Firefly thinks big with new ad program

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Firefly Networks is betting a new program called Firefly Session Sponsorships will situate advertisers at the perfect intersection between push and pull environments on the Web.

The program lets advertisers present full-screen messages to users of Firefly's Passport technology. It has sponsorship from Columbia House, The Gap, IBM Corp., Microsoft Corp. and Pioneer.

Firefly's Passport program is a registration-based service that lets users surf the Web for sites that use Firefly personalization technology. There are currently 2 million Passport users; sites using the technology include My Yahoo! and Barnes & Noble.


Under the ad sponsorship program, when the Passport launches, it appears as a small navigation window on the side of the screen. A separate, larger window contains a banner ad that, when clicked on, launches the advertiser's page on the same screen.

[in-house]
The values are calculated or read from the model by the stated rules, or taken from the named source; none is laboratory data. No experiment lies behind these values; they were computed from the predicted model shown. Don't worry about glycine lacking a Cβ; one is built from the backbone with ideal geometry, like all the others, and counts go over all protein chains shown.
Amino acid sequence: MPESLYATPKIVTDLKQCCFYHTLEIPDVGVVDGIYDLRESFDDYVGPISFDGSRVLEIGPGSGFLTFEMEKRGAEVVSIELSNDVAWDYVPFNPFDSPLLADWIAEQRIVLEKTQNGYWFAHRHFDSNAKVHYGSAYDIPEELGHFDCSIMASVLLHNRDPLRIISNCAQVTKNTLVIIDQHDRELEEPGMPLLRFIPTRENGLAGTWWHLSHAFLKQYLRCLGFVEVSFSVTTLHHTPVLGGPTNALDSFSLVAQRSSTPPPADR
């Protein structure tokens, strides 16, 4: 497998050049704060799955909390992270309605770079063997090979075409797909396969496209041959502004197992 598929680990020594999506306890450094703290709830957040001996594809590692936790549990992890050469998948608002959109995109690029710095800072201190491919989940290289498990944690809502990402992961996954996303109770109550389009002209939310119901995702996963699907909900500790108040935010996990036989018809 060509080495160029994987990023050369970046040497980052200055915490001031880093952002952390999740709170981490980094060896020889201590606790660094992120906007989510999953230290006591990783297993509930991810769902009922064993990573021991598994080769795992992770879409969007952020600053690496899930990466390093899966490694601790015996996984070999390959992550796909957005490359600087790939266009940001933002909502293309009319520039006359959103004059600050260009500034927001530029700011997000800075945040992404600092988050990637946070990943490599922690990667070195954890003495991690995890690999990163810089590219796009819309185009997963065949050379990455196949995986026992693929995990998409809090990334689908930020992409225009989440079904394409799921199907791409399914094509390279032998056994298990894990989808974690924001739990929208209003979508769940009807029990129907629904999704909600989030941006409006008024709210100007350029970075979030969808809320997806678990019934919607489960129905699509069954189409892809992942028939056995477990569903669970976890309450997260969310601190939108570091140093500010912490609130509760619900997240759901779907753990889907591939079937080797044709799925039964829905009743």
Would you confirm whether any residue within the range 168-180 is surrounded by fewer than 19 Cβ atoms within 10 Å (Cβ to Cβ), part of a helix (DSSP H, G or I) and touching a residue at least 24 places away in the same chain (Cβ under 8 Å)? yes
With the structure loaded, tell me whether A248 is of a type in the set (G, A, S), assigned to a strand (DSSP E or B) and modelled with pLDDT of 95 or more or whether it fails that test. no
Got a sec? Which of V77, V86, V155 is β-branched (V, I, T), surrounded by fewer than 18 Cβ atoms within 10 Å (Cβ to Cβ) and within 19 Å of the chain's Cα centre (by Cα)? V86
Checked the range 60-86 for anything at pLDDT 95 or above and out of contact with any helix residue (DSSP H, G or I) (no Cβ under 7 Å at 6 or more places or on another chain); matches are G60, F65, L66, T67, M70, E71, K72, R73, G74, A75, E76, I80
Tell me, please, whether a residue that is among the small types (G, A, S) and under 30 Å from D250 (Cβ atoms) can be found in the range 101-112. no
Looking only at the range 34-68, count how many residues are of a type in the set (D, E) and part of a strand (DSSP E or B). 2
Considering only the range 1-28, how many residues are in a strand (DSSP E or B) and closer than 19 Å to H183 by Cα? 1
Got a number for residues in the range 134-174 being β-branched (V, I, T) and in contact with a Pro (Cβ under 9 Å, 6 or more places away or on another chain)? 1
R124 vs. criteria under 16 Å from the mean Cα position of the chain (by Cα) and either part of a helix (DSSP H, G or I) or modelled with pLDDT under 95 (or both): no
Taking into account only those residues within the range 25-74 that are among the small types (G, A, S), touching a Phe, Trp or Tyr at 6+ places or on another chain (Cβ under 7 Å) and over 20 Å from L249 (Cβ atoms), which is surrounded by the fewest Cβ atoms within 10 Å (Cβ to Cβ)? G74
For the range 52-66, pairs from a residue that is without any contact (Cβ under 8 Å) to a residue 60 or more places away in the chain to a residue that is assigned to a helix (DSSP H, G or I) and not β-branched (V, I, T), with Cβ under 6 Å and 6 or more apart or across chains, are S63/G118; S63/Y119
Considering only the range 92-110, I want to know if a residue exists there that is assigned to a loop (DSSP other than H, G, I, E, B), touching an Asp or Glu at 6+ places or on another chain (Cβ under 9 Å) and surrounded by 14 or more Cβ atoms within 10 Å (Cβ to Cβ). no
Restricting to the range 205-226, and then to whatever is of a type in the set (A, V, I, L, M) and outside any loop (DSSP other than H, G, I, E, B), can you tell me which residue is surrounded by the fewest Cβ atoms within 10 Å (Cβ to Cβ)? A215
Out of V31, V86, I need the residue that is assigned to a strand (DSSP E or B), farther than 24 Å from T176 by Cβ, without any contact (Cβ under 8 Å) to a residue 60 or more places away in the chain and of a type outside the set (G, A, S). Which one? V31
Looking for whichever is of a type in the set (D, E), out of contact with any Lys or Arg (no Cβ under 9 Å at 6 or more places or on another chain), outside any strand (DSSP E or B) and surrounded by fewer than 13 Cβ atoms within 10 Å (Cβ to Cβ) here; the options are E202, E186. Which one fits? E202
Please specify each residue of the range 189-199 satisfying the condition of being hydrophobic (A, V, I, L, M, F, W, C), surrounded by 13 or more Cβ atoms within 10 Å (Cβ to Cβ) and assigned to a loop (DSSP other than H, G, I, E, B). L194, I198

The ads are currently running only on Firefly's music and movies Web site (, not on other sites that use Passport technology.

"This is not a banner killer," said Doug Weaver, VP-sales at Firefly. "We'll still offer banners on our site," where users can post personal home pages for their fellow Firefly friends to visit.

The session sponsorship, priced at 25 cents per view of the advertiser's page, guarantees 20,000 page views per day.

"We don't claim this is the same as a click-through," Mr. Weaver said. However, he added, "we can put Firefly users directly on the advertiser's home page," meaning the program offers the same result as guaranteeing click-through.


Other sites have experimented with interfaces that make advertising more prominent. Interactive Imaginations, producer of game site Riddler ( and the Commonwealth Network advertising network, recently introduced full-screen ads across its service.

Priced at either 15 cents or 75 cents per click, Interactive Imaginations' full-page concept has caught on among more than a dozen advertisers, including new sponsors Atlantic Records, MasterCard International, Motorola, October Films, Sega of America, IDG Corp.'s The Web and Ziff-Davis.

Copyright May 1997, Crain Communications Inc.

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